It is hard to see yourself. More specifically, it is hard to see your biases in the context of the great sweep of history. It takes a concerted effort to realize your faults and failings when they are part of your identity. Books on raising children have been around a very long time and this is another one. Everyone has an opinion on what is best for a child, what they need. Lythcott-Haims has somewhat inverted this by writing about what kind of adults we are producing and working backwards to identify what we are doing wrong. This is very satisfying both logically and practically.
This is the sort of critical analysis and self-awareness that people need for a culture to grow and progress in a healthy direction. Lythcott-Haims focuses on the growth of helicopter parenting in America, and her portrayal is damning. This is something that concerns all members of a society because raising children isn’t about children; it’s about the adults they become, and America currently has a problem producing independent adults.
Lythcott-Haims’s investigation is centered on her own socio-economic stratum. She spends an awful lot of time exploring college admissions. She is aware of this bias, and it is forgivable considering her background and the weight of college in America at this time, but it does skew what could have been a general analysis towards a specific part of child rearing for a specific class of people. Aside from that, she provides perspective on many facets of parenting with examples from elsewhere in the developed world.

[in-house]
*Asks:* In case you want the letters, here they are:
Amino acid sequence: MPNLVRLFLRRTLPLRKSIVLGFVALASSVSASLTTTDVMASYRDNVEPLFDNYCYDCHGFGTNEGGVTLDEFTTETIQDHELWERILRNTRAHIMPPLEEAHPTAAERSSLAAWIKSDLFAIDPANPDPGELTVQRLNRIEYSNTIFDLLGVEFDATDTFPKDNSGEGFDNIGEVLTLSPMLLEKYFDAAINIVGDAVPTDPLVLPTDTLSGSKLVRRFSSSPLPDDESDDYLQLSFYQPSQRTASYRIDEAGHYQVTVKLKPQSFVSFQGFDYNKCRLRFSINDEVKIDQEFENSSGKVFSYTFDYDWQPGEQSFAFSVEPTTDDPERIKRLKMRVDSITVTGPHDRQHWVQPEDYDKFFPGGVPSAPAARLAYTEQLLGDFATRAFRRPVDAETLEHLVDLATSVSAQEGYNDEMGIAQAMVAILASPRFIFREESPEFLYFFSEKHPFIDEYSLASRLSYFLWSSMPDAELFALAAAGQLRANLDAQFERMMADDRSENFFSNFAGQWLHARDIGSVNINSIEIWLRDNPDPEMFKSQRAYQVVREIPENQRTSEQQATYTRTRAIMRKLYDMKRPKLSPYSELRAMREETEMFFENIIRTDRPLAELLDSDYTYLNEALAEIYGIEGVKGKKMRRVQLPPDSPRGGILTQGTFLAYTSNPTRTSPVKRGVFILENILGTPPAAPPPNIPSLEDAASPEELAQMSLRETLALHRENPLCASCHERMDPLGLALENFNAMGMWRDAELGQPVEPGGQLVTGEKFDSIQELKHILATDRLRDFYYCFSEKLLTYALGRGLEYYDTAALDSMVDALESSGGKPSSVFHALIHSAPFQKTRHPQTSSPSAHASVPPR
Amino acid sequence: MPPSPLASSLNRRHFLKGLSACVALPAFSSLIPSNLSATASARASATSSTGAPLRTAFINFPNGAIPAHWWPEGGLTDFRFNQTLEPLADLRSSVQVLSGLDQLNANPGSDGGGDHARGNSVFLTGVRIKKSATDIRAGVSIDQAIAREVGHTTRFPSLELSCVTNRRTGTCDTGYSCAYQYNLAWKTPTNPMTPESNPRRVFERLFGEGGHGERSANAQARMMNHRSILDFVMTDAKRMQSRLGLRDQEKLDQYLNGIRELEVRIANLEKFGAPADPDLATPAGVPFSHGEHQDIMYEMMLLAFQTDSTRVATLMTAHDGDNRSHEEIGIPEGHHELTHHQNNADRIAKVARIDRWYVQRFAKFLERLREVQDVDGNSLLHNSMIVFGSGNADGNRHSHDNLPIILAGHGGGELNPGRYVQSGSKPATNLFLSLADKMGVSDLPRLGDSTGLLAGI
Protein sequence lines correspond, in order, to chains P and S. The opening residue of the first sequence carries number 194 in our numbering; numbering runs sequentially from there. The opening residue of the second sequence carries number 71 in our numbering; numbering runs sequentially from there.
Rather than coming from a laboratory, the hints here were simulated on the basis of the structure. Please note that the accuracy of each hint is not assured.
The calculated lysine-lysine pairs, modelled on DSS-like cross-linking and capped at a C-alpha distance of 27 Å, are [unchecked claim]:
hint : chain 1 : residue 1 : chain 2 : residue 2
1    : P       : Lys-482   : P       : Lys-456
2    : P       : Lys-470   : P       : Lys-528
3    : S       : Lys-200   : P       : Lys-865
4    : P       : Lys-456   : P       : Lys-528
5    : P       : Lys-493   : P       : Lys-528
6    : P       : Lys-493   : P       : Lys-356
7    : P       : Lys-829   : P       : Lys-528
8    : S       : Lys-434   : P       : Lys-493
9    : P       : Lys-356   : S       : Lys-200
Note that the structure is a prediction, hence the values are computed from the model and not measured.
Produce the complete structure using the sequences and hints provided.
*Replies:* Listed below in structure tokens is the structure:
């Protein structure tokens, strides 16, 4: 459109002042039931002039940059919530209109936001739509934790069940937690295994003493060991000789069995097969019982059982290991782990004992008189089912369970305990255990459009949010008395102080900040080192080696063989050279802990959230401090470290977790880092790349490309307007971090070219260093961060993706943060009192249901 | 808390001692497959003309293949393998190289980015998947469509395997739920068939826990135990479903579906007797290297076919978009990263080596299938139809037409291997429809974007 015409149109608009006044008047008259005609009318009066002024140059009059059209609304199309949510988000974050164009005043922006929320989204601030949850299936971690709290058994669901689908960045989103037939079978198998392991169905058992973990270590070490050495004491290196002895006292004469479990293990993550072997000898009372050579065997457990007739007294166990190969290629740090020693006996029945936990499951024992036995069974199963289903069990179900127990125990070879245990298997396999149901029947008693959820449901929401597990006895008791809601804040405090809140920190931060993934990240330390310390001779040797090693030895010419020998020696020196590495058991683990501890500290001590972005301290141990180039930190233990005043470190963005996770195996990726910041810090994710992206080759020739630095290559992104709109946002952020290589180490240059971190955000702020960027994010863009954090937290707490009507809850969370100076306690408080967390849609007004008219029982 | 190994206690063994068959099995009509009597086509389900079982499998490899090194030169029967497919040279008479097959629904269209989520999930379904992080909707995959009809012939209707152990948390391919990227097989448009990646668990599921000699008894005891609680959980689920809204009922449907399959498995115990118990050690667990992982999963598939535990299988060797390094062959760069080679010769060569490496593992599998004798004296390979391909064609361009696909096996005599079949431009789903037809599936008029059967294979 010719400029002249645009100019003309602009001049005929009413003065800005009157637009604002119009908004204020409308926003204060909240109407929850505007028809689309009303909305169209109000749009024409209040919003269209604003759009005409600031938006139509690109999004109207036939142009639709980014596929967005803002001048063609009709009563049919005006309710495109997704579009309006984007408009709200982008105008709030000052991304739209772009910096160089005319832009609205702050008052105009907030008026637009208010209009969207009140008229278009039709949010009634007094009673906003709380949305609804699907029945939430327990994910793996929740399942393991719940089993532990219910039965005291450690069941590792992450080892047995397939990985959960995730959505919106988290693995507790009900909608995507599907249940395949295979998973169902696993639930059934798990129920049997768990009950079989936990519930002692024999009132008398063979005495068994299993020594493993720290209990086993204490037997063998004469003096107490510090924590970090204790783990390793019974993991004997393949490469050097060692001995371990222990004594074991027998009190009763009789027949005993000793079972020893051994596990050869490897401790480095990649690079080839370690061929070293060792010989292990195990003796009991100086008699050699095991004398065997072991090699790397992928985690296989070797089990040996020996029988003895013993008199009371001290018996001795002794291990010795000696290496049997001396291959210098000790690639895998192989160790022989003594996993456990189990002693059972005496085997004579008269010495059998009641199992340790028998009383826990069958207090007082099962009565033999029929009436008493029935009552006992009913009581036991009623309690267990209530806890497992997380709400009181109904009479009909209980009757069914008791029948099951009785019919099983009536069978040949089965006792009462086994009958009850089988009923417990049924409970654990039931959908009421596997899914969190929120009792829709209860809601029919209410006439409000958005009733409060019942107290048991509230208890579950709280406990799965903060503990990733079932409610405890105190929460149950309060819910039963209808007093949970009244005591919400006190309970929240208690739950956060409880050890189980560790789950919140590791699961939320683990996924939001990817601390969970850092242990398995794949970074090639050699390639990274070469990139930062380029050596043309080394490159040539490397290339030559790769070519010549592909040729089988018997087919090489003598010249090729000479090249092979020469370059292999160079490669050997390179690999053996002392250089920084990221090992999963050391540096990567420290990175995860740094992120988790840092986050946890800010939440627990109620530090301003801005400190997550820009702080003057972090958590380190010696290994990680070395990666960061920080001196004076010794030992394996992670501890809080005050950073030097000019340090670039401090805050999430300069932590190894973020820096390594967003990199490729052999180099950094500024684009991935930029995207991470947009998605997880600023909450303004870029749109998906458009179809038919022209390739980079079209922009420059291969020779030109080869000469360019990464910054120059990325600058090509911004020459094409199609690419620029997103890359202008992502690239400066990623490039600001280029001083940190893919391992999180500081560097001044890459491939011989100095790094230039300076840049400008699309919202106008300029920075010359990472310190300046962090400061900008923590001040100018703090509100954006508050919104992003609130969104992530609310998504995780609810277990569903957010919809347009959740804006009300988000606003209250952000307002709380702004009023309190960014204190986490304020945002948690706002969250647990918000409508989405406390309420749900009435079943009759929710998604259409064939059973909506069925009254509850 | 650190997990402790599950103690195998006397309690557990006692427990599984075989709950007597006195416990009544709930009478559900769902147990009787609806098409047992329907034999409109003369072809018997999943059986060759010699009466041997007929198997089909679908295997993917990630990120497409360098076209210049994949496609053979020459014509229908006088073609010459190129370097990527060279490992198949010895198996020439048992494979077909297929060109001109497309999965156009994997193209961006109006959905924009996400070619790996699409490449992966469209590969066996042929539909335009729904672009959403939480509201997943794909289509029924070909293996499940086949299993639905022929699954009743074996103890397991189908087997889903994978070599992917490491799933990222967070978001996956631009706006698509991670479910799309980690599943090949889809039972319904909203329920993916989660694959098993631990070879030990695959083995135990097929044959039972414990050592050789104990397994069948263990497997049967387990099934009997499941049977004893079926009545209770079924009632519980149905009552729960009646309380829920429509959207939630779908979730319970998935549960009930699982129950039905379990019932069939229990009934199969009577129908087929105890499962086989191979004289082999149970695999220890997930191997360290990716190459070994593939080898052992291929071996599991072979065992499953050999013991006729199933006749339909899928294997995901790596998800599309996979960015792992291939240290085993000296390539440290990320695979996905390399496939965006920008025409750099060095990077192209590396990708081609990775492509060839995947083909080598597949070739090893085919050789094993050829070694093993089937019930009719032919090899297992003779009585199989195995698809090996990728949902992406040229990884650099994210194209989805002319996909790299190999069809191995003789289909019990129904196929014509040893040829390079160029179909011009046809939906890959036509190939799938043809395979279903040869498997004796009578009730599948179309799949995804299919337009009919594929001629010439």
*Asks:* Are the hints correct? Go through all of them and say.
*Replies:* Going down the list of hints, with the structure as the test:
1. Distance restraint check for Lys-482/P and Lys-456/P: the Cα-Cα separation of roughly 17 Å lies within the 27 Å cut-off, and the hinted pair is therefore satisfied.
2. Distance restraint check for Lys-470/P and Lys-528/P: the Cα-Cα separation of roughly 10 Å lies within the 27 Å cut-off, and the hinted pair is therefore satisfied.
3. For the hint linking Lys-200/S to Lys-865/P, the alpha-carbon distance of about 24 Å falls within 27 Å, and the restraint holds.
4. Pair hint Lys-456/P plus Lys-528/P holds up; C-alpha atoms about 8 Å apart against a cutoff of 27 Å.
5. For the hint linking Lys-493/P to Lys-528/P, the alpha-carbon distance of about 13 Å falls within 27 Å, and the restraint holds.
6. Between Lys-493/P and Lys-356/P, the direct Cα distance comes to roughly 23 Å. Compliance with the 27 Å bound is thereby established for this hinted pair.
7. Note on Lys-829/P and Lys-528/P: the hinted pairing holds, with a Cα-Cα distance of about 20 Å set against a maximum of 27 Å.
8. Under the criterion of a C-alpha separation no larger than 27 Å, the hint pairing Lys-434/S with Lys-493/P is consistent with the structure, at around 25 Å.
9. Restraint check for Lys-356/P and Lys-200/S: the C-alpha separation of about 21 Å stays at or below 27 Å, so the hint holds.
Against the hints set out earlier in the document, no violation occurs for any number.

Lythcott-Haims asks how do you get an independent human adult. Exploring the answer has produced some good advice on what works and what doesn’t; along with a merciless analysis of current trends in American society. As an adult who was once a child, it is comforting to read a book that looks so critically at raising children.